An anonymous reader writes "FTP celebrates its 40th birthday tomorrow. Originally launched as the RFC 114 specification, which was published on 16 April 1971, FTP is arguably even more important today than when it was born. Frank Kenney, vice president of global strategy for US managed file transfer company Ipswitch, said that the protocol we know as FTP today is 'a far cry from when Abhay Bushan, a student at MIT, wrote the original specifications for FTP.' According to Kenney, the standard has grown from 'a simple protocol to copy files over a TCP-based network [to] a sophisticated, integrated model that provides control, visibility, compliance and security in a variety of environments, including the cloud.'"
I may very well be wrong here, but I don't think Verizon will sell a customer their modem. The rent them.
OK, not lazy, but certainly technologically naive.
skulluminati writes "It looks like the late, great, gaming mag EGM, which was canceled earlier this year by publisher Ziff-Davis, will now be making a comeback. Steve Harris, the founder of EGM, has acquired the trademark and publishing rights to the magazine. As a reader of EGM for 19 years (almost since the beginning) it is great to see the brutally honest, independent voice of the gaming community rise from the ashes."
Hugh Pickens writes "Vice President Joe Biden lauded Hollywood at a gala dinner in Washington, assailed movie piracy, and promised film executives that the Obama administration would pick 'the right person' as its copyright czar. Biden warned of the harms of piracy at the private event organized by the Motion Picture Association of America in the sumptuous, newly renovated Great Hall of the National Portrait Gallery in Washington, D.C. 'It's pure theft, stolen from the artists and quite frankly from the American people as consequence of loss of jobs and as a consequence of loss of income,' Biden said, according to a White House pool report. Biden addressed President Obama's forthcoming decision about who will be named the intellectual-property enforcement coordinator, better known as the copyright czar. Under a law approved by the US Congress last October, Obama is required to appoint someone to coordinate the administration's IP enforcement efforts and prepare annual reports. Copyright industry lobbyists sent a letter to the president asking him to pick someone sympathetic to their concerns, while groups that would curb copyright law sent their own letter (PDF) urging the opposite approach. We 'will find the right person for intellectual property czar,' Biden said."
AndreV writes "After 30 years of development, a device developed at Simon Fraser University that assists people to walk who have paralysis in one leg will soon be on the market in Europe and, eventually, in the US and Canada. The pacemaker-like Neurostep uses nerve cuffs to sense and stimulate nerve activity in the paralyzed leg, allowing greater mobility for those suffering from neurological disabilities such as stroke, multiple sclerosis, spinal cord injury, or cerebral palsy. About the size of a cell phone, the 'brain' integrates three digital modules: the neurosensing module (receives nerve impulses), real-time adaptive control module (interrogates the signals and identifies physical events), and neurostimulation module (delivers stimulation to the target nerve). It was recently approved for use in Europe, and they are working to begin clinical trials and introduce the device in the US."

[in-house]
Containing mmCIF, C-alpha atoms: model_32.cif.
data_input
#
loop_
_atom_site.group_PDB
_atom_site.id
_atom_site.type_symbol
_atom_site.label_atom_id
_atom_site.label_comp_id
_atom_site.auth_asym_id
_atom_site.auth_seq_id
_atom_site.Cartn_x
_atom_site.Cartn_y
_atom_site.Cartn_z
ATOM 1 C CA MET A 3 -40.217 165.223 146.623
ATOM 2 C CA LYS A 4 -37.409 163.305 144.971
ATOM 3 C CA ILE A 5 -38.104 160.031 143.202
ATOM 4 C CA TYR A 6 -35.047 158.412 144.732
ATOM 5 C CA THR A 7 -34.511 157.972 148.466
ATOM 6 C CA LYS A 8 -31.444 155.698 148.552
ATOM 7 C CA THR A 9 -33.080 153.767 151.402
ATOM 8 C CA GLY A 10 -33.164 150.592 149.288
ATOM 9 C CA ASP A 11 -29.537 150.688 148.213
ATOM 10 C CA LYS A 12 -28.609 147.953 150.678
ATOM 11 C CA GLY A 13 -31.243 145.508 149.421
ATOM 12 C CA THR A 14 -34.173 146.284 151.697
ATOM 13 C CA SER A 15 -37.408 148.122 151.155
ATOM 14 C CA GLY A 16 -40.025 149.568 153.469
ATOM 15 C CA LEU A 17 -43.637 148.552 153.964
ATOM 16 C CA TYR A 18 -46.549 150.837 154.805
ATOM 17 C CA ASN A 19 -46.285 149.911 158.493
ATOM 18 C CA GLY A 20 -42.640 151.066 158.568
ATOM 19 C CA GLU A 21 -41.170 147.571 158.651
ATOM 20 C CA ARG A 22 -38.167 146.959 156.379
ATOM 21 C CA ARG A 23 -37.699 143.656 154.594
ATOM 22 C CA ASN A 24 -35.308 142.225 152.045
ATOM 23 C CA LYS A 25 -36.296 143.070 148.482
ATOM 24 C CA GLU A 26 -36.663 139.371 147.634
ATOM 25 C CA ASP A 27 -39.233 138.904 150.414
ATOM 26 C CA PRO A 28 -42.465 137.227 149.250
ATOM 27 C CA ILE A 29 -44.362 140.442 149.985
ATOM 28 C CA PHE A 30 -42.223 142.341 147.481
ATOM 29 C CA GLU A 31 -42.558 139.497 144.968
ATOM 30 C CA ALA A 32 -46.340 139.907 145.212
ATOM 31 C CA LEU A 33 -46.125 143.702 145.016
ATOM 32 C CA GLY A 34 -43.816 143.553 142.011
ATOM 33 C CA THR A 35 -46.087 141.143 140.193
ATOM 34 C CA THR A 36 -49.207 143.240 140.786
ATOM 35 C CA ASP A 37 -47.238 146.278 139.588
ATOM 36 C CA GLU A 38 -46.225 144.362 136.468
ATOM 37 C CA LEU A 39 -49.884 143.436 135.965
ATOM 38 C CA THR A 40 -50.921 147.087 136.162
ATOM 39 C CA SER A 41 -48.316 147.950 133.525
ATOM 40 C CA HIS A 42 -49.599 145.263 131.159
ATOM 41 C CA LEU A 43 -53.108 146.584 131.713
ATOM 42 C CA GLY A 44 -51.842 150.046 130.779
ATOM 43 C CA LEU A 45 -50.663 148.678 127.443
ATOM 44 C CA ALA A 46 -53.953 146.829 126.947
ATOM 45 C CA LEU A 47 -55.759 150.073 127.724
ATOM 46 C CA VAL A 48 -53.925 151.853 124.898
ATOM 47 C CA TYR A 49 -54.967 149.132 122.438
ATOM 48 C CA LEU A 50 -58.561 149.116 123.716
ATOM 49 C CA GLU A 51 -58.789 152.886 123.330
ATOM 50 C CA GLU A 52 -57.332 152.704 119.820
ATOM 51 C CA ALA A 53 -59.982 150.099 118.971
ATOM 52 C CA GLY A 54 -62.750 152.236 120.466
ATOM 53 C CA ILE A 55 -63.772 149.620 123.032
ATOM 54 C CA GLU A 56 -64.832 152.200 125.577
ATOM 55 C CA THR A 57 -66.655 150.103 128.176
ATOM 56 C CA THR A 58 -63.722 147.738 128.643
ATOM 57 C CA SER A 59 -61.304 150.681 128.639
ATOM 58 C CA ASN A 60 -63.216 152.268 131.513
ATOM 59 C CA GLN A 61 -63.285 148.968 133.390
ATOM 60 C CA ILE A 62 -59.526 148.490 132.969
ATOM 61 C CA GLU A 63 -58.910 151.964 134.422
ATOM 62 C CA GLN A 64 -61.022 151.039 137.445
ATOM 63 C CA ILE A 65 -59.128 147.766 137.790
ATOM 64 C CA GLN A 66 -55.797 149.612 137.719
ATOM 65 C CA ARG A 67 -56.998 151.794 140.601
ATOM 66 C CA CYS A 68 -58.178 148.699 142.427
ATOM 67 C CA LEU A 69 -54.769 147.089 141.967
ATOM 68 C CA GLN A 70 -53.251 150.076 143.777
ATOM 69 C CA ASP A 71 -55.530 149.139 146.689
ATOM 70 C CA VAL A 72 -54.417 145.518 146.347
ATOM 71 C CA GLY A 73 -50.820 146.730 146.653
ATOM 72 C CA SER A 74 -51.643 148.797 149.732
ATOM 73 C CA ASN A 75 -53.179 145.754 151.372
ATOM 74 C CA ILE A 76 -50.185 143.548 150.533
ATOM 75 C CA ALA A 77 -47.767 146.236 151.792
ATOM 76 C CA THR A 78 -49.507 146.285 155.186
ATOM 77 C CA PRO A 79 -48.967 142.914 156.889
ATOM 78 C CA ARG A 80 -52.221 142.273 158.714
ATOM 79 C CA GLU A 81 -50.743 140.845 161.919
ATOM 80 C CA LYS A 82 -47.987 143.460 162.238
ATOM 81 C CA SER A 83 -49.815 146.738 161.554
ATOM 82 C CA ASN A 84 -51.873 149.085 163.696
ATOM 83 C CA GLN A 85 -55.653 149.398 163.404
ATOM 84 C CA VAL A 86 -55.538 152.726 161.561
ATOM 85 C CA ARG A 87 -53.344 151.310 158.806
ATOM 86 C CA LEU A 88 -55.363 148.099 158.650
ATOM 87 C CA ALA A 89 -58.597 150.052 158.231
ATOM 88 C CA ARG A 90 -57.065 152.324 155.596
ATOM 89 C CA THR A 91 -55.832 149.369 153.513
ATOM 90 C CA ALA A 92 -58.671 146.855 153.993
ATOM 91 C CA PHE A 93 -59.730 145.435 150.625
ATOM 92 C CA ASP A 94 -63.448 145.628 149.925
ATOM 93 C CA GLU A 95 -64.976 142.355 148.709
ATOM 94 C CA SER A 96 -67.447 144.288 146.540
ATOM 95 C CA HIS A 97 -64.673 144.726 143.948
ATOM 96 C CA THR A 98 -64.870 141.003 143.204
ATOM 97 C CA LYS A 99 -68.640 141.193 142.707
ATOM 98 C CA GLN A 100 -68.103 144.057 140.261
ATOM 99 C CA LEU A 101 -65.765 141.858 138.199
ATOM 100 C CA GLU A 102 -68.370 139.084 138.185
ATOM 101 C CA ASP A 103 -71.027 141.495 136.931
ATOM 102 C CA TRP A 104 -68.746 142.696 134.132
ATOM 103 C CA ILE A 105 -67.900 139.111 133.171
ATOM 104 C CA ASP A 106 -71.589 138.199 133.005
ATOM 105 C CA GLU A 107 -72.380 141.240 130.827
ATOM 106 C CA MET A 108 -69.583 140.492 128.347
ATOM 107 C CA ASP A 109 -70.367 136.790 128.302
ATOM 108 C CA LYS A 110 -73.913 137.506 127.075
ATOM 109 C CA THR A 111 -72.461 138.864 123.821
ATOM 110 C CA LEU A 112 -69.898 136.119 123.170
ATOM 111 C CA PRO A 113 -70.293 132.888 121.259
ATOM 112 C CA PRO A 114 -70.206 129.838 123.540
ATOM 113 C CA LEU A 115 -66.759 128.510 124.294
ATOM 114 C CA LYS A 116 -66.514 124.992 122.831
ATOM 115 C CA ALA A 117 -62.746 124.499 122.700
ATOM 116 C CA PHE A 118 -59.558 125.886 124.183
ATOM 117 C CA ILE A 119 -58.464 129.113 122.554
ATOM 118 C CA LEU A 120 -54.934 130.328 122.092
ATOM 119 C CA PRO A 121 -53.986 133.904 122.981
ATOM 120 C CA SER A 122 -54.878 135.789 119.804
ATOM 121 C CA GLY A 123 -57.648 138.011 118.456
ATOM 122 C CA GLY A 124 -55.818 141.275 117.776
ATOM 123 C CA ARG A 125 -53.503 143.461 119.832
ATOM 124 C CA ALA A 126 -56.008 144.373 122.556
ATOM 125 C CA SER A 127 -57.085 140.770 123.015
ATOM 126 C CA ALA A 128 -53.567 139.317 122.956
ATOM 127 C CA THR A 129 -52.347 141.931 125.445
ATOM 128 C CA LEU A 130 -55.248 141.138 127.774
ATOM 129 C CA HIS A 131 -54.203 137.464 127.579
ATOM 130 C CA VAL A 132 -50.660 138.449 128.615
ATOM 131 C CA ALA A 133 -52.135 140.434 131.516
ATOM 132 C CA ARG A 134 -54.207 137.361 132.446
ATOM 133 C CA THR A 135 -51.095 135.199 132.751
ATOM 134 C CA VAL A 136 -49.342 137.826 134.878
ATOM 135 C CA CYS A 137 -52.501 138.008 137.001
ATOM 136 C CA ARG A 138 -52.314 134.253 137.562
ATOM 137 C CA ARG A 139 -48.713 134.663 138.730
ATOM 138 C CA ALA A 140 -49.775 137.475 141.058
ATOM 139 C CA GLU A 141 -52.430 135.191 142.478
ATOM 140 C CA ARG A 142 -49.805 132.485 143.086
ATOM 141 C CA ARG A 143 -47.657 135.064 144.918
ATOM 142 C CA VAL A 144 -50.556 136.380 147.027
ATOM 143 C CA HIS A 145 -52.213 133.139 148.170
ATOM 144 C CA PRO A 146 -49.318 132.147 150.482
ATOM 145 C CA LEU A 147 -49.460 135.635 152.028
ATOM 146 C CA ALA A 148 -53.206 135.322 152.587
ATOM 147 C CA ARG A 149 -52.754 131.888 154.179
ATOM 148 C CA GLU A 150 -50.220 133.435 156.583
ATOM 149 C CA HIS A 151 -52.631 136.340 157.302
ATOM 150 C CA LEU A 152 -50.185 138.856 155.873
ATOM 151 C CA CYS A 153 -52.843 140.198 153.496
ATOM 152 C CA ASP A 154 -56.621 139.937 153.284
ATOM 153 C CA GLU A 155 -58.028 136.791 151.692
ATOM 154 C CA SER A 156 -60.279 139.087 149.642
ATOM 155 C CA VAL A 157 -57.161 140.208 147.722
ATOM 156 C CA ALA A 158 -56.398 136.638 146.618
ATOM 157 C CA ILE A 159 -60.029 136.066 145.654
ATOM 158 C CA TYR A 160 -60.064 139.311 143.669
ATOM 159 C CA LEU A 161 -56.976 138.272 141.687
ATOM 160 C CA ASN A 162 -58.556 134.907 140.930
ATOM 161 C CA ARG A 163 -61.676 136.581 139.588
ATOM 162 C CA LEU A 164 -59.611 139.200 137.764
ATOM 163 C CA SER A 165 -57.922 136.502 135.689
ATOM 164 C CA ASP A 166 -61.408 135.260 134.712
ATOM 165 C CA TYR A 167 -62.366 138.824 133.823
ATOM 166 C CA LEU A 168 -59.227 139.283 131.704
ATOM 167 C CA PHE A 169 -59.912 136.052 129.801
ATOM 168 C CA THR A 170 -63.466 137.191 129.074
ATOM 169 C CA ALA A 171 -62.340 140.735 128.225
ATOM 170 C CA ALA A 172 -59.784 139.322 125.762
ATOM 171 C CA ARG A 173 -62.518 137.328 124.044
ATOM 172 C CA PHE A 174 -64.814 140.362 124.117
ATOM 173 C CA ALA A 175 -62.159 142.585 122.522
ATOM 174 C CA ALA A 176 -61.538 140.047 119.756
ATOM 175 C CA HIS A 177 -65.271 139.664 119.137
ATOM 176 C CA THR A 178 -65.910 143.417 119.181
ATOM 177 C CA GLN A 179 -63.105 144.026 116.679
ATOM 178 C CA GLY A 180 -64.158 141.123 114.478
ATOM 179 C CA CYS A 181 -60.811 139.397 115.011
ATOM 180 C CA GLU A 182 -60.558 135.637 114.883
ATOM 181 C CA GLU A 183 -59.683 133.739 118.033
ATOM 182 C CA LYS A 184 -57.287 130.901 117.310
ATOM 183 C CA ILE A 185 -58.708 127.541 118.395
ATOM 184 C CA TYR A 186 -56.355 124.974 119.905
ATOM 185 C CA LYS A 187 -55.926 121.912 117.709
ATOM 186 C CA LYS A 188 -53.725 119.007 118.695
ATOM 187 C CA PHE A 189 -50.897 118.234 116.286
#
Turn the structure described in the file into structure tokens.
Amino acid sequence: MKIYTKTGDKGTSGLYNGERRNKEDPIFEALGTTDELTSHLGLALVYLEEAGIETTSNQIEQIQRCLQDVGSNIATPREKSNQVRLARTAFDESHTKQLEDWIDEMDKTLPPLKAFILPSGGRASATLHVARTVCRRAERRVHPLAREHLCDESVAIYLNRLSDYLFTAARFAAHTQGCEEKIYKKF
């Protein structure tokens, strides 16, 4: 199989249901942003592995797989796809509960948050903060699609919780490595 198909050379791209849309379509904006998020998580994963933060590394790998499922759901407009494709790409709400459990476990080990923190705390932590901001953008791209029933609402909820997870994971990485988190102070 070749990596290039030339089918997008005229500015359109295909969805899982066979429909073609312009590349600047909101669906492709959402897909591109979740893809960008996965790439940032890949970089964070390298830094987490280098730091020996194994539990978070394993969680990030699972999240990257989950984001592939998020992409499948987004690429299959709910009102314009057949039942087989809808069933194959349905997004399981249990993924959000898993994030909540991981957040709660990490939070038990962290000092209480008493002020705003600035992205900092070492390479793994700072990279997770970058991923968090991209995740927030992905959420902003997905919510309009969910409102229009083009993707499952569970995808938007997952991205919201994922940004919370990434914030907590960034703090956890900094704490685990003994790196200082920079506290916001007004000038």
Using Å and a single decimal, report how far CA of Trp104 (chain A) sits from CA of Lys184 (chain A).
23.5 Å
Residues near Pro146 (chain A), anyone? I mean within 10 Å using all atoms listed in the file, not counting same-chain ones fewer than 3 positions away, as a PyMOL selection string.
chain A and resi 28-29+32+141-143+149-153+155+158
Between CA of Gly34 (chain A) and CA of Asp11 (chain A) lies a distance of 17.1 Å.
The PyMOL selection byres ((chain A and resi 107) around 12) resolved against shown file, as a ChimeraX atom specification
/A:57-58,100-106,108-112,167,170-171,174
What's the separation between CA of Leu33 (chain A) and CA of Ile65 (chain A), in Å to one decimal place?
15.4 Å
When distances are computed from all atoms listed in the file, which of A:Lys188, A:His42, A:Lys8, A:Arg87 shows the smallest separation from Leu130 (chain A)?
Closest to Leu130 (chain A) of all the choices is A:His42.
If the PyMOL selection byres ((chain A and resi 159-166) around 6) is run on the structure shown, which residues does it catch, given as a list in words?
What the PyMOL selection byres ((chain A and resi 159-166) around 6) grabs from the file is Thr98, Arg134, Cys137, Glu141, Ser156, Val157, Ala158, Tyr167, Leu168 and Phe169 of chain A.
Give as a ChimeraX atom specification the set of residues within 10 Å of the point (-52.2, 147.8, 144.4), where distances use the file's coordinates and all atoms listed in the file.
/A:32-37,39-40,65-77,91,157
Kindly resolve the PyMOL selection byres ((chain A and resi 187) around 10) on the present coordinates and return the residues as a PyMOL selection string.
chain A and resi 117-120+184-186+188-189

ptorrone writes "Open source hardware company 'Adafruit Industries' has released a 'Tweet-a-watt' kit. It's an open source power monitoring kit that mods an off-the-shelf power meter which can 'tweet' (publish wirelessly) the daily KWH consumed & Cumulative Kilowatt-hours to your Twitter account, Google App Engine, Facebook, IRC, whatever ... They recently won the 'GreenerGadget' design competition and have now released an open source hardware kit."
Creative Paper attracted worldwide interest for its paper made of kangaroo droppings in 2005. Well it's been four years and the best and brightest at Creative Paper haven't been sitting on their laurels. What's their great new idea? They have now launched a kind of paper made from wombat poo. Scat-obsessed Darren Simpson from Creative Paper says the paper is green or gold depending on the time of year the droppings are harvested. The wombat paper will be unveiled at an international paper conference in Burnie, Australia later this month.
nandemoari writes "Windows 7 beta testers are disputing whether or not Microsoft is taking notice of their feedback. The dispute follows a blog post by Steven Sinofsky, the man in charge of engineering Windows 7. He notes that in one week in January Microsoft received data through Windows 7's automatic feedback system every 15 seconds. According to Sinofsky, it's impossible to keep everyone happy. That's partly because there are only so many changes Microsoft can make to the system and still finish it, and partly because in many cases testers often have opposing views about a feature."
lou ibmix XI submitted an email written by Bill Gates a few years ago and turned over to the feds as part of the government's antitrust case. Great quotes like 'Someone decided to trash the one part of Windows that was usable?' and 'The lack of attention to usability represented by these experiences blows my mind.' We like to think of him as an abstract, but I think this is interesting stuff. Also, this might seem familiar. Oops.
Wouldn't an earlier generation usually be easier to hack than a newer model?
Np, litigation tends to be the FIRST refuge of the incompetent.